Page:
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Warriors Making Warriors

Warriors Making Warriors

The halls of FIS are full of warriors. But, there was one particular FIS Warrior I was eager to meet; Vanessa Vidueira. I first heard about Ms. Vidueria while lying on my yoga mat after completing my REAL FUN-n-FIT with HIIT class. I was feeling particularly proud of myself for having endured 47 minutes of high intensity training when my always-motivating instructor, Manka Mookerjee, began telling us about the FIS Physical Education instructor who recently competed in an off-road triathlon. When I heard “... finished in just over five hours” ... my mind began to wander. Those last 47 minutes were rather painful and exhausting, I just couldn’t fathom how – or why! – someone could endure hours of torment. I needed to find Ms. Vidueria and get answers.

Ms. Vidueria, despite her kind smile and sweet demeanor, is a fierce athlete. Last October, she competed in the XTERRA World Championship in Hawaii. For the uninitiated, XTERRA is the world’s premier off-road triathlon, combining a 1.5 kilometer (1 mile) ocean swim, 32 kilometer (20 miles) mountain bike, and 10.5 kilometer (6.5 miles) trail run. Keeping in mind that the drive from Frankfurt to Oberursel is approximately 20 kilometers, the total distance in this sufferfest is grueling. Furthermore, in what seems to push the boundaries of sanity, XTERRA is an off-road triathlon in sweltering heat, which takes competitors biking up a 1,000-meter incline, running along muddy forest trails, and swimming against strong ocean currents.

There are few athletes brave enough to tackle the challenge of a triathlon, yet in her very first attempt, she had an outstanding performance at XTERRA and placed in the top ten. Ms. Vidueria is no doubt a champion and a motivation to us all. But what drives her is what was particularly interesting to me. One of the things that motivates her to push the limit is her students. “When I see my students demonstrate the self-discipline to show up for practice every day in rain or shine, some battling injuries, and sacrificing their weekends for workouts, I find the strength to demand more from myself,” notes Ms. Vidueria. Her journey can be analogous to her students’ and parents’ quest to achieve their personal goals; lots of hard work and preparation punctuated by moments in which they are given the opportunity to perform their best.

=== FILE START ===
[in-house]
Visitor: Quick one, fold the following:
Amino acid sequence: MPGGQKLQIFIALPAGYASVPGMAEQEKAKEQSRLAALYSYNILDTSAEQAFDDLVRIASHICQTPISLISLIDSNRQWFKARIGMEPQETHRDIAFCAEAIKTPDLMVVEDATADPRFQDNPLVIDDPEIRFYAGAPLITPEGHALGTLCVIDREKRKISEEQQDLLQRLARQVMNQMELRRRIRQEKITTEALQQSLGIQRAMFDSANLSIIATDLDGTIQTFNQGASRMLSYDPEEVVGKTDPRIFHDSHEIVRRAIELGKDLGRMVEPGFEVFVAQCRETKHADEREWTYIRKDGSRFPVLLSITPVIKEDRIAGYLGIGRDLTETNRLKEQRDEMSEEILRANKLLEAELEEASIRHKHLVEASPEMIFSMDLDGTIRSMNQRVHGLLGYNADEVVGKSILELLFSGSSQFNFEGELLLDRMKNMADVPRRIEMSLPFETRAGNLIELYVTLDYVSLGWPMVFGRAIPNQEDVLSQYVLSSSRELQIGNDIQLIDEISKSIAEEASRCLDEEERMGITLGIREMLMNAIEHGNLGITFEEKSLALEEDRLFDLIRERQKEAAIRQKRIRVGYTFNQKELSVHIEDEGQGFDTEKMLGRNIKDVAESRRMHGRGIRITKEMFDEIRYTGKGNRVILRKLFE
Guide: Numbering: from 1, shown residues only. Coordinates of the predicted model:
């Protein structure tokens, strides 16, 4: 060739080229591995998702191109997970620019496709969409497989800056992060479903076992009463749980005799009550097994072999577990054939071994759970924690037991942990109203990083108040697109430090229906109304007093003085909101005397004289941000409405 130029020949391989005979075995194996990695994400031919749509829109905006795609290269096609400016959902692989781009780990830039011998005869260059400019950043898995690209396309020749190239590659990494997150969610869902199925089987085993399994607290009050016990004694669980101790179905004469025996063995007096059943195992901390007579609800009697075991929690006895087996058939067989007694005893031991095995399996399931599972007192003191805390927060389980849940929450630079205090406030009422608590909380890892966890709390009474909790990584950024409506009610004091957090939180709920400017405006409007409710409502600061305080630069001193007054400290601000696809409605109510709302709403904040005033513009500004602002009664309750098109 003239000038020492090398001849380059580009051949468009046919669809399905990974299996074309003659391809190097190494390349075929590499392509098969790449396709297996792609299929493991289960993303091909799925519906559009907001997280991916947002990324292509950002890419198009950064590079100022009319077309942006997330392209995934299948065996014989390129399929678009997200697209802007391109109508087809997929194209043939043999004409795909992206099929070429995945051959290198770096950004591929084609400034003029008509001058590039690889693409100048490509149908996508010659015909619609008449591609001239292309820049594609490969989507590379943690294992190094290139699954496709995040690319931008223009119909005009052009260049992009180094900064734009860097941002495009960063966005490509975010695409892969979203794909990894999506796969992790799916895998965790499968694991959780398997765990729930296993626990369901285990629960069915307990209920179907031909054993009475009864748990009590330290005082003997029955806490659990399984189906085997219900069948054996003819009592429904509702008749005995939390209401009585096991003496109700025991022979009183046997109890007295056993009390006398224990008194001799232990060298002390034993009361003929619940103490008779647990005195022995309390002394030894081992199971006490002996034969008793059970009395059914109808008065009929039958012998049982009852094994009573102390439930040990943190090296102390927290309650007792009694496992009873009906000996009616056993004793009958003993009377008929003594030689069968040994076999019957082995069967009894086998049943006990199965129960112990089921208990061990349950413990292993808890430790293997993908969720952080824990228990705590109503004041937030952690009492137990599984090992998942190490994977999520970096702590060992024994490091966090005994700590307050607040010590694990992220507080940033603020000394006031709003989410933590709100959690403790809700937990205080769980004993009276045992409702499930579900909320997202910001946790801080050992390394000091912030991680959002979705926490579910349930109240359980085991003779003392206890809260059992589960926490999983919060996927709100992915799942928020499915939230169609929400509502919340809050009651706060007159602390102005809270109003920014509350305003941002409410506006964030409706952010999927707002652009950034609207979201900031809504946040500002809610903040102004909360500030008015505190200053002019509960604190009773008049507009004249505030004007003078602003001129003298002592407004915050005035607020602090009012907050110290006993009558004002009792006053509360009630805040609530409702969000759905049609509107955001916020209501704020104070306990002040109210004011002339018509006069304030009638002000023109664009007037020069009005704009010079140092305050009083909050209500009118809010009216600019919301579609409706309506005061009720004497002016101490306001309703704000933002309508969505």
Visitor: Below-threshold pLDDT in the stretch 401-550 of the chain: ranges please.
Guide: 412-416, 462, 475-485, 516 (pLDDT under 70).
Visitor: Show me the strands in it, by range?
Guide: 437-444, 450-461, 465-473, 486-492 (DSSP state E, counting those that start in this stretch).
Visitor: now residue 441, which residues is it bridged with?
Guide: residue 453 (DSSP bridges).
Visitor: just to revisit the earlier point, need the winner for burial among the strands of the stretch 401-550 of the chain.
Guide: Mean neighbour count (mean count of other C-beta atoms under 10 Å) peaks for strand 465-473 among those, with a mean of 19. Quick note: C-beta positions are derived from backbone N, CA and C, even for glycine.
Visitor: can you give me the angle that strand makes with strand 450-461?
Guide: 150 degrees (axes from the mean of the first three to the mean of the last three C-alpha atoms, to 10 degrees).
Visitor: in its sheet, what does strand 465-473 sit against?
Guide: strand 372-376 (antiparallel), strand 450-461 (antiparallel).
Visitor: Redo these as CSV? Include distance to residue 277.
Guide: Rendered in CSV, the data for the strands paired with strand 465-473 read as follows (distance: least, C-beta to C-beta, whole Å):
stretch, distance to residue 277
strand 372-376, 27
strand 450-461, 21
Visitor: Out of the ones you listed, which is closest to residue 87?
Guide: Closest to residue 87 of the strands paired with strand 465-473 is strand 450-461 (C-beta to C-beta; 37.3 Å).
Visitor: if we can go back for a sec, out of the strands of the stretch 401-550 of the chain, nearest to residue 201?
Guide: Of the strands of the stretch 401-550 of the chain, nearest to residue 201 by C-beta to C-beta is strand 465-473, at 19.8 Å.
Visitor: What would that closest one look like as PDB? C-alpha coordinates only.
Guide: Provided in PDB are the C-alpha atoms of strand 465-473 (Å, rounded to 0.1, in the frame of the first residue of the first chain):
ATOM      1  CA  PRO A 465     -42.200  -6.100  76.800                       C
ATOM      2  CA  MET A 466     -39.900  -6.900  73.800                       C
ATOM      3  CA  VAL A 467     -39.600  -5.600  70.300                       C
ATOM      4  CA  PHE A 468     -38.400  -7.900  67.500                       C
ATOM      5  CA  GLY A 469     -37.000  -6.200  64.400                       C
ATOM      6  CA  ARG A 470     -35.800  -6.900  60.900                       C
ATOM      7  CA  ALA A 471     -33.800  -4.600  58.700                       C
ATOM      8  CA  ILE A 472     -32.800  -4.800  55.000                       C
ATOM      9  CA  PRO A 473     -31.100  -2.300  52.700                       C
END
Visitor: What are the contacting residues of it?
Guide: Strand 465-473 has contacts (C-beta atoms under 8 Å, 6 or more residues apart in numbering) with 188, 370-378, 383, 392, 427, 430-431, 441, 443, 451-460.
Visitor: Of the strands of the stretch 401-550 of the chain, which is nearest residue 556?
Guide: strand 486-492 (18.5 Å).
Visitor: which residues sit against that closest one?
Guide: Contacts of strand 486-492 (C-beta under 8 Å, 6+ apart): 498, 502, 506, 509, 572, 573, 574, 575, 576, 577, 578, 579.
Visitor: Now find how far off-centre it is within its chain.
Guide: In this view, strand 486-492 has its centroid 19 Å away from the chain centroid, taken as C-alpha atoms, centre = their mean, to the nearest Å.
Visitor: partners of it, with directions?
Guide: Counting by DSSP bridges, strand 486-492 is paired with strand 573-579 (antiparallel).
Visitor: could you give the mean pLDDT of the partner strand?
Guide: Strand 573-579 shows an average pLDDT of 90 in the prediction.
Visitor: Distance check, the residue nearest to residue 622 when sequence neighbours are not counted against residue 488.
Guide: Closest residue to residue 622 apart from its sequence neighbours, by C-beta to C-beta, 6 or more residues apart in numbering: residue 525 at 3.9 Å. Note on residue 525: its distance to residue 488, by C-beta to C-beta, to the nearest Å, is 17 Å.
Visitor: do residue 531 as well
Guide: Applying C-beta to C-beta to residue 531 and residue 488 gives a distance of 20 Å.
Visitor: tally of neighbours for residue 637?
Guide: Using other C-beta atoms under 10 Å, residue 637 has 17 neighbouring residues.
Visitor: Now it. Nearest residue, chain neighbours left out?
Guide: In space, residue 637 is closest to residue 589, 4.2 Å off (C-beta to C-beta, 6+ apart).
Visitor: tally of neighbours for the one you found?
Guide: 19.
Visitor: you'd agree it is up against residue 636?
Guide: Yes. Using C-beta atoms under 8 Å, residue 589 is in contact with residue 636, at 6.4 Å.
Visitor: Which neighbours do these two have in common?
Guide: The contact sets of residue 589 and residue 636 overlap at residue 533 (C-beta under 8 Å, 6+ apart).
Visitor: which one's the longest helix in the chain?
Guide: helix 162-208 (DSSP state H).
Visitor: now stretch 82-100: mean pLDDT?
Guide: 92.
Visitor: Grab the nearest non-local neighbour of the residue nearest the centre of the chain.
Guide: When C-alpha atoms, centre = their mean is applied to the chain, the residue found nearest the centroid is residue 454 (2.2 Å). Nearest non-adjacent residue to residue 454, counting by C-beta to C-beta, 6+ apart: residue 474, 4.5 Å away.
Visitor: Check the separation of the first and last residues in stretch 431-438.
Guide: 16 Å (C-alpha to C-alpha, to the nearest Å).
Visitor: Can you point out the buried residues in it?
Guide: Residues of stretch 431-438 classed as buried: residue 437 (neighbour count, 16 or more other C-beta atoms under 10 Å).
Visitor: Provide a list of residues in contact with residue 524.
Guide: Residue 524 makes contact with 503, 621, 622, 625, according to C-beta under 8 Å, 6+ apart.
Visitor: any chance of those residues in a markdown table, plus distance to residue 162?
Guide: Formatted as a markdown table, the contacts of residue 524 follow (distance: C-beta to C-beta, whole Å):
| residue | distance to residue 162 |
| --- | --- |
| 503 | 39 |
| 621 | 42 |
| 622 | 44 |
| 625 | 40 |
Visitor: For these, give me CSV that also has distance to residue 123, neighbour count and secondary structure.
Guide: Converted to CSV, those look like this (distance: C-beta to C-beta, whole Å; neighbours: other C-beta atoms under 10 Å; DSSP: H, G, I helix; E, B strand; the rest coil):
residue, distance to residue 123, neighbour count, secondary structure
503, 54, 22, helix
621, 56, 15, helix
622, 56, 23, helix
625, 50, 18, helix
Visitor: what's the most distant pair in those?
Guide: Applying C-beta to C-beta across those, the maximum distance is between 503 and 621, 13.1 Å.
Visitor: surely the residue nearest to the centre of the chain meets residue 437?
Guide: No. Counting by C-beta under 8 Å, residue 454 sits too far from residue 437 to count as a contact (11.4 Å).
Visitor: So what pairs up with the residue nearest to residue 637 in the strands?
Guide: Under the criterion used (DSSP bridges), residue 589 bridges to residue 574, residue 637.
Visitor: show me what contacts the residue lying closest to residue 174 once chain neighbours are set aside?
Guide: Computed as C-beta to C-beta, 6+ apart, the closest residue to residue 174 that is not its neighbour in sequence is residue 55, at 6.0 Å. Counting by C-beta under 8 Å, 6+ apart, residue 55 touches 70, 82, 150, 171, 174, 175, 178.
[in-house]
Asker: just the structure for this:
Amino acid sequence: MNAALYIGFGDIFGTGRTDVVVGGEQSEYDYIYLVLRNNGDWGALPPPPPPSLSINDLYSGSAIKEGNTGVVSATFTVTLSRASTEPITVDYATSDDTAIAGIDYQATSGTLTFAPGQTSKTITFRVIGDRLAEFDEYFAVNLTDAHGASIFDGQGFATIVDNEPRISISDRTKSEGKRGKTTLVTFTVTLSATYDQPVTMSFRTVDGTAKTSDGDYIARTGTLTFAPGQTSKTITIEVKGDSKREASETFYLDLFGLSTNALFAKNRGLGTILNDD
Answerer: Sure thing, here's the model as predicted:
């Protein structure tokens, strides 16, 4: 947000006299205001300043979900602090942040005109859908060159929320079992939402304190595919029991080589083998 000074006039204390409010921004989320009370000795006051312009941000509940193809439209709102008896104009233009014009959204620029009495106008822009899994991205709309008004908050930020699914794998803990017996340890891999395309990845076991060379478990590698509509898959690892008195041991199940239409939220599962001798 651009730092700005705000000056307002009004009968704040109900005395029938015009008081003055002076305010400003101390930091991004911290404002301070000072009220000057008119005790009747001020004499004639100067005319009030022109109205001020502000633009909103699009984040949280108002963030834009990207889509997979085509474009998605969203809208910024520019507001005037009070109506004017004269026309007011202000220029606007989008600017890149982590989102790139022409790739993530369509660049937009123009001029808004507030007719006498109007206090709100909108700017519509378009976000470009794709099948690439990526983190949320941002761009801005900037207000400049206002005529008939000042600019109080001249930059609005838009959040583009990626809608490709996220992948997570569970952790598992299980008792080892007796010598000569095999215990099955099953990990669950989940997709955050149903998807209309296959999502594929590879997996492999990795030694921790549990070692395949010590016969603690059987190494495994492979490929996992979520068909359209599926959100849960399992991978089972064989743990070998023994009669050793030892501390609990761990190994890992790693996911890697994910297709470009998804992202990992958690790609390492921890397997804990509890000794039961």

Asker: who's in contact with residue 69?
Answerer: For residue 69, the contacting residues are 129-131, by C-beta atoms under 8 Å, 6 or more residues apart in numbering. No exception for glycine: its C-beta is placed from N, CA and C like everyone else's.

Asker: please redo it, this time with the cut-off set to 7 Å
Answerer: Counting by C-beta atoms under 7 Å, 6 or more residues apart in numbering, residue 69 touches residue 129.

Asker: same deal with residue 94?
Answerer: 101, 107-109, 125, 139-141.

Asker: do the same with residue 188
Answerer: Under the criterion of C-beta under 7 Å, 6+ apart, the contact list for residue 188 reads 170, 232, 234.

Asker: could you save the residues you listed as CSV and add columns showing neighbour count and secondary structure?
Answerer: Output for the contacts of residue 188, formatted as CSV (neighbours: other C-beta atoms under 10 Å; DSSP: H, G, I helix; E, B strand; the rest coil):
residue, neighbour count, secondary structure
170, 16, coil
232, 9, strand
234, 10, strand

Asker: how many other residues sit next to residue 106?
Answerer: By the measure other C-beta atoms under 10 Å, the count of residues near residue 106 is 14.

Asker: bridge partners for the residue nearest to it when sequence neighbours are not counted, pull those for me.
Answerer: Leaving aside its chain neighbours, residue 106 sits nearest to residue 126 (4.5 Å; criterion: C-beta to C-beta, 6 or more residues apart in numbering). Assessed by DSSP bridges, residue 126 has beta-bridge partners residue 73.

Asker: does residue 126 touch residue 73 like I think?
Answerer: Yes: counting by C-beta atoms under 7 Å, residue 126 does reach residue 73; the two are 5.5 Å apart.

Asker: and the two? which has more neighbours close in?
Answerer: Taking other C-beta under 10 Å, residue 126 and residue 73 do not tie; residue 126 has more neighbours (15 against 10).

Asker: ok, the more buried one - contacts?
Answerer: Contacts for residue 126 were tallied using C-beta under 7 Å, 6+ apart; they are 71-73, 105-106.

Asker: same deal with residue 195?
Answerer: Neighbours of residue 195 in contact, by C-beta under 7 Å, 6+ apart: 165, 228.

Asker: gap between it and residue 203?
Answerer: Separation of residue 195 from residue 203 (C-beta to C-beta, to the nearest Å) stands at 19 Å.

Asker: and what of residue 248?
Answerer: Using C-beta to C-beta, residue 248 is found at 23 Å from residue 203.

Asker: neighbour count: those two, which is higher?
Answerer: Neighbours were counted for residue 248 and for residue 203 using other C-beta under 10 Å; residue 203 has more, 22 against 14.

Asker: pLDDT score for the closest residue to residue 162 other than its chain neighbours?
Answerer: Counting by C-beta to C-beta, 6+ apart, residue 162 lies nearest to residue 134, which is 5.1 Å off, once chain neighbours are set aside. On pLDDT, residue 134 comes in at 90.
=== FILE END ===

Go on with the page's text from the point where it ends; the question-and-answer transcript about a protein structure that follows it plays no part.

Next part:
The Pain Gain
It's truly remarkable how much training Ms. Vidueria had to endure and how devoted she was to get to the finish line. It was obvious that discipline was the bridge between her goals and her accomplishment. She believes her strong outcome was a direct result of months of training. As with most things in life, you cannot cram for a triathlon. It was important for Ms. Vidueria to have her trainings be a series of small, steady, sustainable goals,which made achieving her larger goal more realistic. It is empowering to push through the minor challenges; we all need momentum, and nothing fuels it like small successes. Likewise, when we face our own goals, we have to be focused, we have to be disciplined and, most importantly, we have to be patient.

Blood, Sweat and Fear
Swimming was Ms. Vidueria’s Achilles heel. While she had an intrinsic ability with mountain biking and running, she had only been swimming for one year before the competition. The open swim was a real fear for Vanessa, but just as in life, sometimes we have to do things we don’t like to get to where we need to go. With diligence and discipline, Vanessa swam three times a week and despite losing her goggles and swim cap during the competition, she prevailed. She reminds us that, “we are all capable of doing much more and most people live with self-imposed limits. Things are pretty easy for us in today’s society and we are constantly trying to find shortcuts and easier ways of doing things. It’s only by challenging ourselves that we can get closer to our best.”

99.99% of people will never compete in XTERRA, but we all have our own challenges we are trying to overcome; maybe it’s learning a new language, maybe it’s joining a new school activity, maybe it’s just getting to school on time. Ms. Vidueria’s accomplishment is a terrific reminder that we are all capable of doing much more than most of us ever try. You’ll never know what you can do until you push the limits. Don’t be afraid to try and fail, but be afraid of never trying. 

Juliette Gustavsson
FIS Parent

  • Faculty